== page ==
Mary: Megan, the reconciliation infrastructure bill, separate from the bipartisan infrastructure bill also working its way through Congress, has a number of multifaceted provisions that affect higher education in many ways. Can you highlight a few of the tax provisions that NACUBO along with other associations have long been pushing for that are included in current draft of the reconciliation infrastructure package bill?
Megan: There are several higher education tax provisions that we’ve been advocating for—some for several years now—that are included in the current draft of the package.
Notably, a number of important tax-exempt bond items, including a return of advance refunding for tax-exempt bonds and the reinstatement of the Build America direct pay bond program, are in the current draft. A provision that will increase access to capital for small borrowers by increasing bank qualified borrower limits is also included.
The bill also would create a new business credit for certain taxpayer contributions to public institutions in connection with a qualifying research infrastructure program.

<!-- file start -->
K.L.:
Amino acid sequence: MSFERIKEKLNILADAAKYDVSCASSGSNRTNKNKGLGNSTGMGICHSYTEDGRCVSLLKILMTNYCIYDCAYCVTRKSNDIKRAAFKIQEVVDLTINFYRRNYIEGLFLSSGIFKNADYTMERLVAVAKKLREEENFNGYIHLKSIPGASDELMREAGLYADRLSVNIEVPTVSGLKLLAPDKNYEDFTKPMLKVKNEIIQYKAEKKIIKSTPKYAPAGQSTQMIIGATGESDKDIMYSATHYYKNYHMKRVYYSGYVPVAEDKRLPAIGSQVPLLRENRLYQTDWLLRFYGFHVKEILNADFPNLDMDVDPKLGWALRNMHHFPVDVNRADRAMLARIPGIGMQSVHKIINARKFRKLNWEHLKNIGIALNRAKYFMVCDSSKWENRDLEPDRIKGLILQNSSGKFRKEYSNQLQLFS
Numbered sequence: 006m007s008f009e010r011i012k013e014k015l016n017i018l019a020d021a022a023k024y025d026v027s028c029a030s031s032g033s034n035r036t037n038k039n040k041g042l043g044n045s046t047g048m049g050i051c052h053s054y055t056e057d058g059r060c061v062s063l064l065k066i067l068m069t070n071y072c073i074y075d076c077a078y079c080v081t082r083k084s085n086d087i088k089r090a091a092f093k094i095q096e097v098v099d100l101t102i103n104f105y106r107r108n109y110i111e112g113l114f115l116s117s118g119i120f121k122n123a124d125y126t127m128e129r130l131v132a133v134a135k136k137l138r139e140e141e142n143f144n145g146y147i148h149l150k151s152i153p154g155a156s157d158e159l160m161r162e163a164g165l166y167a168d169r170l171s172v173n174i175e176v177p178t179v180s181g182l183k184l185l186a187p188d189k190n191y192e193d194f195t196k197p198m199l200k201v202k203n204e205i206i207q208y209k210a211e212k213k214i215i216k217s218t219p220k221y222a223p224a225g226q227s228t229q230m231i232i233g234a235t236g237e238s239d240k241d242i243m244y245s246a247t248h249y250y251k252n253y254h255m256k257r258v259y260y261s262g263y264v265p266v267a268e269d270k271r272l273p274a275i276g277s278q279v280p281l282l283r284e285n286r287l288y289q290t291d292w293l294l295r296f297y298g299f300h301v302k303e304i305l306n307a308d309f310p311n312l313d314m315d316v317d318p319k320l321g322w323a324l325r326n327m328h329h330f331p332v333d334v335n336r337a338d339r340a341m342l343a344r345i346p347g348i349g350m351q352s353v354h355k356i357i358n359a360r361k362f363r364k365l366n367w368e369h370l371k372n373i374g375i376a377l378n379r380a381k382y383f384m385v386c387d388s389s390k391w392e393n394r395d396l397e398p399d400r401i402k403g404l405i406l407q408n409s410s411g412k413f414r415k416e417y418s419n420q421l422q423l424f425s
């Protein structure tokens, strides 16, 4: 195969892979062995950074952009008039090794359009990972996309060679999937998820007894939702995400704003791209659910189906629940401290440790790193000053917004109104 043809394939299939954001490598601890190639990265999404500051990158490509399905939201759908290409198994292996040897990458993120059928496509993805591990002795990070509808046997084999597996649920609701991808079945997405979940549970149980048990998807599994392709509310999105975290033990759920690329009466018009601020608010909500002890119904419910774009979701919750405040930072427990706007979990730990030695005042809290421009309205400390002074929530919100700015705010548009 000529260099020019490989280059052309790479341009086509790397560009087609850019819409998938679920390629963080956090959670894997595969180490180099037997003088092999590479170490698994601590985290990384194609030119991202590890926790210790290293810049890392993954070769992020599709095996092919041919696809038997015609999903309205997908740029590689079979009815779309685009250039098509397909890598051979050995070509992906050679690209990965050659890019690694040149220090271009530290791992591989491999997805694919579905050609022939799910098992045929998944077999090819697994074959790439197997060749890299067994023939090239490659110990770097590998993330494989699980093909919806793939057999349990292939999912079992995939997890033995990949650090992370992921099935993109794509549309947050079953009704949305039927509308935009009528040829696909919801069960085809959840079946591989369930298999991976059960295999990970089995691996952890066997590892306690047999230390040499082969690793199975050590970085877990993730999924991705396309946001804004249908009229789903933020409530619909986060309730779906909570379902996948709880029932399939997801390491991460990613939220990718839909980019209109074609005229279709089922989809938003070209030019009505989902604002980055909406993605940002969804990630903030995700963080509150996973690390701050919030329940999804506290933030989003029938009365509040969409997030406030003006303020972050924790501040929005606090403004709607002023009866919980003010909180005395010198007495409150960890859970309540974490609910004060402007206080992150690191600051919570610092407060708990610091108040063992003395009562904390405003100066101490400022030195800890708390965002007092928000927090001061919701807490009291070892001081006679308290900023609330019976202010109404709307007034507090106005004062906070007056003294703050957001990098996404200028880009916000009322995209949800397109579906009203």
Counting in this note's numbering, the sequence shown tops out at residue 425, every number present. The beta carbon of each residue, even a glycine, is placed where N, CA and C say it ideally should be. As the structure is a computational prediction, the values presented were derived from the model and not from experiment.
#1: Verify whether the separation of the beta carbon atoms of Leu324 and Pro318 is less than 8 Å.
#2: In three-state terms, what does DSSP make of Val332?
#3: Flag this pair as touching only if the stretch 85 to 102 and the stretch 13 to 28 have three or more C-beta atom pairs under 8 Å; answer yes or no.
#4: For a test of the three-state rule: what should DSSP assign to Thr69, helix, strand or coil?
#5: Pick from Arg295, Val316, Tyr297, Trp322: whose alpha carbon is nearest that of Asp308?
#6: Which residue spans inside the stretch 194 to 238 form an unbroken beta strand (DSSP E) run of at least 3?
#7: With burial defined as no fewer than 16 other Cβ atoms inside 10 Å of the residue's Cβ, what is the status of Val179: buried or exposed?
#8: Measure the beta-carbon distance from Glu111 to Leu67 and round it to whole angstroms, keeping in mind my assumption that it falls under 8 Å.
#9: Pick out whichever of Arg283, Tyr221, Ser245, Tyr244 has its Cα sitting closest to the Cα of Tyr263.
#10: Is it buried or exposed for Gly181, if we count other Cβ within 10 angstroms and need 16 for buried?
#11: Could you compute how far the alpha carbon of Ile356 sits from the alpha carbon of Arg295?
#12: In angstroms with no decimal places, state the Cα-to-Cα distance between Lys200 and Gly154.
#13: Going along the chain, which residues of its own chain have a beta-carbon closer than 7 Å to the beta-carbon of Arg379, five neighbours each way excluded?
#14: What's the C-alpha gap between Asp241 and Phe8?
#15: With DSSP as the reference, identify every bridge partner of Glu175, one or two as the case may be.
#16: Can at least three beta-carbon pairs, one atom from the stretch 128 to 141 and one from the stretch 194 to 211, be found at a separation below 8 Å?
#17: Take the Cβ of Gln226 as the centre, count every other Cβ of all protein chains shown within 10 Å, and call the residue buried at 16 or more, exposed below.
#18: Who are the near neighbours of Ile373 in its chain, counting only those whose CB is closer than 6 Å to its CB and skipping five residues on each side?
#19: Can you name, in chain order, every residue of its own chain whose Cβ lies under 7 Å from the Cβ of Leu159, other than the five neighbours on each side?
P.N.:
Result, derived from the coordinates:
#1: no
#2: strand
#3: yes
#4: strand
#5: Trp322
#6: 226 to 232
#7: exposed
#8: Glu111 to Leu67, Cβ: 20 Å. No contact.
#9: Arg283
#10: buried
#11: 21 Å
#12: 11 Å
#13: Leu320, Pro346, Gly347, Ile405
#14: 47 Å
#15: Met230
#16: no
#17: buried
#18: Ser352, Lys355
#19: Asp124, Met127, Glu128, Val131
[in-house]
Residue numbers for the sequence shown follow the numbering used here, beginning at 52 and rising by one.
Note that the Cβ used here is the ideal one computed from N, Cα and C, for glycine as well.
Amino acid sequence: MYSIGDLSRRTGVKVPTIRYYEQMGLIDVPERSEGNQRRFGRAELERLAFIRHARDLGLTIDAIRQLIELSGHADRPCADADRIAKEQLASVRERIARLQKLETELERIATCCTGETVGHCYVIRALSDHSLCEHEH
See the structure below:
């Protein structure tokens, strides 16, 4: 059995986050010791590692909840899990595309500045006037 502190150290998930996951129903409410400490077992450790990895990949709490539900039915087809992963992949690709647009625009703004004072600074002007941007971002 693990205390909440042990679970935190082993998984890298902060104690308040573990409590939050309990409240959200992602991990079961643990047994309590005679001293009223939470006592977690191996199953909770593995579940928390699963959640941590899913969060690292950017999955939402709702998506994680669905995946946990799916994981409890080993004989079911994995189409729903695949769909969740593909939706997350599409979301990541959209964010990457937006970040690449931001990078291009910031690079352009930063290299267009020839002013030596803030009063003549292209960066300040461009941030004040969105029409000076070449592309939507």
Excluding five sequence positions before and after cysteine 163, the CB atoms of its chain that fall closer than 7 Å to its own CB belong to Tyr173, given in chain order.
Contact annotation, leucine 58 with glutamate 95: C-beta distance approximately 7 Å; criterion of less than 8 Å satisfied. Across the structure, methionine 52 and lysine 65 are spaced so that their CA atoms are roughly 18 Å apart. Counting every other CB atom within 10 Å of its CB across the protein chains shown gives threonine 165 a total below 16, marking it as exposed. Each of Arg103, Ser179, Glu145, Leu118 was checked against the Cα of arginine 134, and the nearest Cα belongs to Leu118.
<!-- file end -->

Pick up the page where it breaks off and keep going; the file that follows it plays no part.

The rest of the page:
On the student-facing side, the package proposes eliminating the taxability of Pell Grants and would solve a tax code glitch that prevents many Pell Grant recipients from receiving the full benefits of the American Opportunity Tax Credit. It also would repeal an existing rule that prevents students convicted of a state or felony drug offense from claiming the American Opportunity Tax Credit.
Finally, the bill would create adjustments to the college and university net investment income excise tax that would alter an institution’s tax liability based on the amount of financial aid it provides to its undergraduate students.
Mary: What were some of the motivating factors of the Ways and Means Committee, which was primarily responsible for crafting the tax portions of this draft of the package, to include these provisions? What can you attribute to their support for these provisions?
Megan: I would have to say that the consistent advocacy of NACUBO’s policy team, and that of our counterparts at other higher education associations, on many of the items mentioned above has been key in motivating committee members to ensure that all the tax provisions we care about were included in this draft of the package. As I mentioned, we’ve been working with members of Congress for years on some of these items, advocating for them and making sure no one forgets how important they are to institutions and students.